RSNA 2017: A radiologist’s guide to the differences between Facebook, Twitter and other social media platforms

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The buzz around social media in radiology has skyrocketed in recent years, with more and more departments, private practices and specialists starting to use using the various platforms to their advantage. Of course, it’s about more than just using sites such as Facebook, Twitter and Instagram; to get the most out of these resources, one must also learn the differences between them.

Wednesday, Nov. 29, at RSNA in Chicago, Alexander J. Towbin, MD, of the department of radiology at Cincinnati Children’s Hospital, helped attendees learn when social media users should share content with, say, Twitter over Facebook or Instagram over Twitter. Towbin, the man behind the popular @CincyKidsRad Twitter account, explained how the different platforms are suitable for reaching different audiences.

“You need to know your target audience,” Towbin said. “For every channel, you need to understand who your audience is, who you want your audience to be, the content you want to share, and how much you want to post the material. That’s going to be different for every channel you are on, so it is very important.”

He noted, for example, that the audience for Twitter is largely made up of the same people who were there at RSNA: the radiology community. When using Facebook, on the other hand, the target audience is patients and the family members of patients. Content shared on Facebook is not going to be as highly sophisticated, because it isn’t aimed at radiologists specifically. When using Instagram, Towbin added, the audience is simply anyone who is at all interested in the content.

Towbin then went into detail about the specific platforms.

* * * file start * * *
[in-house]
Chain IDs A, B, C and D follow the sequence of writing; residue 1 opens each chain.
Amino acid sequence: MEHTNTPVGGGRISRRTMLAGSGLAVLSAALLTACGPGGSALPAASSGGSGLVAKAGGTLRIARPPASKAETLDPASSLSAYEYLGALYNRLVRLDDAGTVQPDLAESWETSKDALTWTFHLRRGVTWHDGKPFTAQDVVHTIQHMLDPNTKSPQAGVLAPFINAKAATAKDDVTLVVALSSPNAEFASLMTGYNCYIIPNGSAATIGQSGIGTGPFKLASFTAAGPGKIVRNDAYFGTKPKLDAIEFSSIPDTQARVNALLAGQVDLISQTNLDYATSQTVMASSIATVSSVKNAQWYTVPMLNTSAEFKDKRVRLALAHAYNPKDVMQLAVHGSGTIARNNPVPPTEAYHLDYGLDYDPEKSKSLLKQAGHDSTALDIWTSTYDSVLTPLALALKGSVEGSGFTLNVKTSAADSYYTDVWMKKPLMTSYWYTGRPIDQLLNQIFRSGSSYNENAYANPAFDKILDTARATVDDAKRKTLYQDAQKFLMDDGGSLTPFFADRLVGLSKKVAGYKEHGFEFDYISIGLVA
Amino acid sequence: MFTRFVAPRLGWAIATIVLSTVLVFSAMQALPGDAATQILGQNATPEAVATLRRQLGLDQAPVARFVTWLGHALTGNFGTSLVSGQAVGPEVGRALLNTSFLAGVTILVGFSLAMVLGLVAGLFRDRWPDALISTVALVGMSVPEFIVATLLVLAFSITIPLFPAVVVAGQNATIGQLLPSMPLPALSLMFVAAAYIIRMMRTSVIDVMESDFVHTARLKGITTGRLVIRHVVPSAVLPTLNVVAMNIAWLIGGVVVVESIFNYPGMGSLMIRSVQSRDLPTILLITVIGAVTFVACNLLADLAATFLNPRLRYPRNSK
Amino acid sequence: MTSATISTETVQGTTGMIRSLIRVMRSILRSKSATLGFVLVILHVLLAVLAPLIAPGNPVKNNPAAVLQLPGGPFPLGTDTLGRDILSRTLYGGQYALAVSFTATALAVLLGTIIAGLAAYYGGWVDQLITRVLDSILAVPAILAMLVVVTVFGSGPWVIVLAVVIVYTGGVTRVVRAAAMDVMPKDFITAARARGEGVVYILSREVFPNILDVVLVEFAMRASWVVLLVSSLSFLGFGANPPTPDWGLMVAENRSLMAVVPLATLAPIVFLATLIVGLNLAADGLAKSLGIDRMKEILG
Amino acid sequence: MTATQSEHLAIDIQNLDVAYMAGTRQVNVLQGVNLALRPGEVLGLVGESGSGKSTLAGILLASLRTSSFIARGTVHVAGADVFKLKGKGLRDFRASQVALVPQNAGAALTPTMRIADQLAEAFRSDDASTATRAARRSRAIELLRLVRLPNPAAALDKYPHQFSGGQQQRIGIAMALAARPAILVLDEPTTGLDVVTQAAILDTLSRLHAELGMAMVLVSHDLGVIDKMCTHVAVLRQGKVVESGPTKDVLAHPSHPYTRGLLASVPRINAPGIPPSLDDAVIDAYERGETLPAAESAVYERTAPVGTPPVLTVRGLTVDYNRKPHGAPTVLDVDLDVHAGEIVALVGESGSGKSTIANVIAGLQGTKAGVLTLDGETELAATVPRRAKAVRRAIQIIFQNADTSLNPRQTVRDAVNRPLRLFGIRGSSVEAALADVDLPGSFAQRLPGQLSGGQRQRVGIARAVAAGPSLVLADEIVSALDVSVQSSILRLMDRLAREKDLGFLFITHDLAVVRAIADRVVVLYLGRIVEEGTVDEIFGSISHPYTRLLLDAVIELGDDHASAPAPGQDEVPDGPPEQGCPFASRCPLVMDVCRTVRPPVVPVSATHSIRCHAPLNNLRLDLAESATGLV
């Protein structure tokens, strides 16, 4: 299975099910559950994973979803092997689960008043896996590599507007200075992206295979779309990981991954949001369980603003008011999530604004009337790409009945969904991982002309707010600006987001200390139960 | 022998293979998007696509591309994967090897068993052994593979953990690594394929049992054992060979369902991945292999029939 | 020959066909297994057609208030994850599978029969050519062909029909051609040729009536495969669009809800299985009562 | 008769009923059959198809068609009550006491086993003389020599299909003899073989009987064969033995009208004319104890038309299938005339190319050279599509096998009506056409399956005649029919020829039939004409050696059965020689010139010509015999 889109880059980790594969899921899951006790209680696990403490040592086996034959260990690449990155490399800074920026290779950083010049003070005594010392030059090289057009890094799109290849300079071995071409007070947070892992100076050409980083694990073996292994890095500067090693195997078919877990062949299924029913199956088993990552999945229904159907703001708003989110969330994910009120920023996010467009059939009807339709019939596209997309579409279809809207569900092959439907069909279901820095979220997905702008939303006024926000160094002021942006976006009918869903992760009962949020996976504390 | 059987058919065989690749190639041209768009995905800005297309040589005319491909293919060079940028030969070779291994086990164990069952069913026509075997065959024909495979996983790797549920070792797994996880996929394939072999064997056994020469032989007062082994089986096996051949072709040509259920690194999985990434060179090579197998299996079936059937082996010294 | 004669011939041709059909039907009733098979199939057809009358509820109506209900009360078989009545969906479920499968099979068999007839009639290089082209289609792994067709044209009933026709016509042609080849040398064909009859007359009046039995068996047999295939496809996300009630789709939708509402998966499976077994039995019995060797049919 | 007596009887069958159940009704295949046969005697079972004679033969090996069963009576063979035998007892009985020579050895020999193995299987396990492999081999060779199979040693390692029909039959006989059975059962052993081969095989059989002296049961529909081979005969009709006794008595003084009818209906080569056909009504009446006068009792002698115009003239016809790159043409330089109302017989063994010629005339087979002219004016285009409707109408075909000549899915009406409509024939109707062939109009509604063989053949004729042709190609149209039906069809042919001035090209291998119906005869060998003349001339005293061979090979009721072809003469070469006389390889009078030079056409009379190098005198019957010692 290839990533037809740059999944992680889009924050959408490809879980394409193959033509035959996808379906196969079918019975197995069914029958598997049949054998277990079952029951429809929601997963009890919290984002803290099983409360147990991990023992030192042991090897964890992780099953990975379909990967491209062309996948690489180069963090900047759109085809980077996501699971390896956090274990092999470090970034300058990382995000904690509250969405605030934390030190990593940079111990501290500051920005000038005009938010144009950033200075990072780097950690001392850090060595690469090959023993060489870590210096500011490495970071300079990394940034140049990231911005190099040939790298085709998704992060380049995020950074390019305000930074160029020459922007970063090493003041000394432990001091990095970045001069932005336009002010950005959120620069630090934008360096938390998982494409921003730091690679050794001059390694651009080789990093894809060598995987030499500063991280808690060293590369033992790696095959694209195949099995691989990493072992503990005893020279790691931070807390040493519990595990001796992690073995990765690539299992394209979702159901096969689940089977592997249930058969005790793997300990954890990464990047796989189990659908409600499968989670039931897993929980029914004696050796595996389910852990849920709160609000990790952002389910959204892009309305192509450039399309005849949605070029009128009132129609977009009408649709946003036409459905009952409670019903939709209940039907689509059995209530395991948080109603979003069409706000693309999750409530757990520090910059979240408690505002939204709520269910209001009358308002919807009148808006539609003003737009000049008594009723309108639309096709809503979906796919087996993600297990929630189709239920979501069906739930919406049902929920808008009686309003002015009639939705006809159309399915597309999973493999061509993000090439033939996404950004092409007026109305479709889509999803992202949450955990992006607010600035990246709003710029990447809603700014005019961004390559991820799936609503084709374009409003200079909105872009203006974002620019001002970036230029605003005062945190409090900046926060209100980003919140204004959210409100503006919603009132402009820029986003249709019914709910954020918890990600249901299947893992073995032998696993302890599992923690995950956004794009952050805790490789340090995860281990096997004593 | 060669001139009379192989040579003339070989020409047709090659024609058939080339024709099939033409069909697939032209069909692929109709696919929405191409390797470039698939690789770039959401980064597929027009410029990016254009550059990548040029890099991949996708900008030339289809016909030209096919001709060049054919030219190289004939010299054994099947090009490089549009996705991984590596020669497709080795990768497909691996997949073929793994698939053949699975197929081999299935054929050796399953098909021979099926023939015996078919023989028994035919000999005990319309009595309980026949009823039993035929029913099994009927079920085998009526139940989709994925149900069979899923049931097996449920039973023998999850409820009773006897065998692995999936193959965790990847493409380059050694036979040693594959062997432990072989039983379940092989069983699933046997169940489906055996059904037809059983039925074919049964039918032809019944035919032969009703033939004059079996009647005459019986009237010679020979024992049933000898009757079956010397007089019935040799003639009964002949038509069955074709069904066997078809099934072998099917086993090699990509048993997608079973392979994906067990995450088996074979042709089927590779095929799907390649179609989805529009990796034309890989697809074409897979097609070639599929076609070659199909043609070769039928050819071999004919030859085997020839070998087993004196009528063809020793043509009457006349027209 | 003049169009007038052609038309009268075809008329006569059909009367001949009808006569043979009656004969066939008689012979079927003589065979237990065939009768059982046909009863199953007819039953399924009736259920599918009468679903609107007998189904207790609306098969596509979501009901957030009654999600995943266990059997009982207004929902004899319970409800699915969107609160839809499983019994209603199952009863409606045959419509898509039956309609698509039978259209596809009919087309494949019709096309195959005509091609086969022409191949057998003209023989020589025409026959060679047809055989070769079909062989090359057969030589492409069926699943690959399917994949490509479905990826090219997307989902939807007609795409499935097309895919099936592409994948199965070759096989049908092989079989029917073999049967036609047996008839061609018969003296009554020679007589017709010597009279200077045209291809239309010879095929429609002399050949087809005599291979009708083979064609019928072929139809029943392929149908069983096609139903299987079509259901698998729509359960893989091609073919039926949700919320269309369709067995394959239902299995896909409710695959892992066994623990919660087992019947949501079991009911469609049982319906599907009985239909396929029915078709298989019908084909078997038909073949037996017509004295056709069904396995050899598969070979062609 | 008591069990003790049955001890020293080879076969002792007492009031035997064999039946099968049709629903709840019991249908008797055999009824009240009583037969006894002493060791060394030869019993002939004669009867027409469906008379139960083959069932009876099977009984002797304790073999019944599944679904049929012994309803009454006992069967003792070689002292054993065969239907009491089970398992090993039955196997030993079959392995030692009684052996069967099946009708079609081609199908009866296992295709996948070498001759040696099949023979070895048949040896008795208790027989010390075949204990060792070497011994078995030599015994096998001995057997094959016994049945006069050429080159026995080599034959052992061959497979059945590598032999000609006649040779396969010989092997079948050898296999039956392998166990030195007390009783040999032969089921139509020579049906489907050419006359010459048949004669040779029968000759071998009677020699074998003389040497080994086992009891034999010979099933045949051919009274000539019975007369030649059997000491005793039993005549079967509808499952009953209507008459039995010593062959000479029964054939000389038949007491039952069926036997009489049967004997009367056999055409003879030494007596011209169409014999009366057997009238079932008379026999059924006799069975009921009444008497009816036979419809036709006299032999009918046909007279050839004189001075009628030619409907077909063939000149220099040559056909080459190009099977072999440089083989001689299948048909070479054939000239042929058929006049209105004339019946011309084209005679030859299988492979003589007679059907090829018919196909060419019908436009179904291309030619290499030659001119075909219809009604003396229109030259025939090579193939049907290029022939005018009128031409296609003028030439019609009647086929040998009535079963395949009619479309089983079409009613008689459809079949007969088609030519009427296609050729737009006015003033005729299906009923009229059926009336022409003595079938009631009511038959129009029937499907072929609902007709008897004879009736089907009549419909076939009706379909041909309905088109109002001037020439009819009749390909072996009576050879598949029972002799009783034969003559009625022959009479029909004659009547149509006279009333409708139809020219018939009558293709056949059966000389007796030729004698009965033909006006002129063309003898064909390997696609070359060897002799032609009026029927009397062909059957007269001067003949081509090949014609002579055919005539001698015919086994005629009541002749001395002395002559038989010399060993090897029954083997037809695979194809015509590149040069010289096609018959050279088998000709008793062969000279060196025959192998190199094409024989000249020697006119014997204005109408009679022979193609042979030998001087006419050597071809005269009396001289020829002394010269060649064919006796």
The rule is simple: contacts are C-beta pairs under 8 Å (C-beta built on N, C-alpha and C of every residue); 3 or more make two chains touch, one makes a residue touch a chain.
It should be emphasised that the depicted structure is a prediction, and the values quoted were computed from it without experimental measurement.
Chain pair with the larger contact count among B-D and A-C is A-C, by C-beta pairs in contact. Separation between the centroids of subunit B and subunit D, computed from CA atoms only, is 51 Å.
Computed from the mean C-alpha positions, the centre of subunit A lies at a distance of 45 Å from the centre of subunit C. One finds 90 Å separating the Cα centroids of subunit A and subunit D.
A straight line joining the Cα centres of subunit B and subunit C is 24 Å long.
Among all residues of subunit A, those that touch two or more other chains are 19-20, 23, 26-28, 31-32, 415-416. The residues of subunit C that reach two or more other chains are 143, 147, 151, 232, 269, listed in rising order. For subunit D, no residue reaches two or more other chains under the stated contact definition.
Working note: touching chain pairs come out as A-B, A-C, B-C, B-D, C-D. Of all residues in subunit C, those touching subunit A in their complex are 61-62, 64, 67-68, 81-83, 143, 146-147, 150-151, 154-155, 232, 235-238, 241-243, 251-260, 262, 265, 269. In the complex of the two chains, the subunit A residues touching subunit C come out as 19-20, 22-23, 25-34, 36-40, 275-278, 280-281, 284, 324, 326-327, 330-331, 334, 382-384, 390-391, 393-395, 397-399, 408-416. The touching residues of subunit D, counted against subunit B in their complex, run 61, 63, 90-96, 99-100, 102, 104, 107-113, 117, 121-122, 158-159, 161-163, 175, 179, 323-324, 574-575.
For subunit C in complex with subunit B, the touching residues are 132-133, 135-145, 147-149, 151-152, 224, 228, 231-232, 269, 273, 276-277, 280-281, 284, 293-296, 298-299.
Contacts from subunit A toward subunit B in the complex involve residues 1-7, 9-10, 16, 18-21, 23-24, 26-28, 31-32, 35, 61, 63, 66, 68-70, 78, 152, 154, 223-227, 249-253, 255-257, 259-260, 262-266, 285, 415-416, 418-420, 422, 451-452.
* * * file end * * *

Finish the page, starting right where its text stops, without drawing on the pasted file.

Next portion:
“With Twitter, the biggest benefit is that it is a brief method of communication that is simple and can often be spontaneous,” he said. “It has a very large, dedicated medical audience, and it has become easier and easier to imbed media.”

There are disadvantages to using Twitter as well. Unprofessional abbreviations are sometimes needed due to character limits, for instance, and content can get lost in the shuffle due to the high volume of people posting on Twitter at any given moment.

Towbin noted that a benefit of Facebook is that it has the largest user base of any social media platform. It’s also uniquely built to support businesses, making it easy for users to sign up for paid advertisements for as little as $5. A big disadvantage of Facebook is that content must be planned out very carefully; unlike Twitter, too many posts can scare away followers and get users “hidden” or “unfollowed.”

Instagram, meanwhile, is “a great way to teach” and “perfect for radiology.” The image-focused content is the most popular social media account used by the department of radiology at Cincinnati Children’s Hospital, with more than 25,000 followers and counting.

Towbin also discussed how users should take advantage of blogs, which are perfect for promoting the employees of a practice or department and sharing stories about recent successes. A major benefit of blog posts, he added, is the fact that blog content has a life of its own well beyond the day it is first published. “This is content that people can see over and over again,” Towbin said. “And when they Google a question later, they can find the content you created.”

To emphasize this point, Towbin shared the story of one blog post that started out by getting approximately 50 posts in its first day and then sat largely unseen for an extended period of time. Months later, however, that post started to build momentum and now regularly gets thousands of pageviews each month.

Radiologists also have an additional social media platform to become familiar with: Figure 1, which was developed specifically for healthcare professionals to share and comment on various medical images. “It’s a very engaged community,” Towbin said. “We get more comments on a post on Figure 1, even though we have just 5,000 followers there.”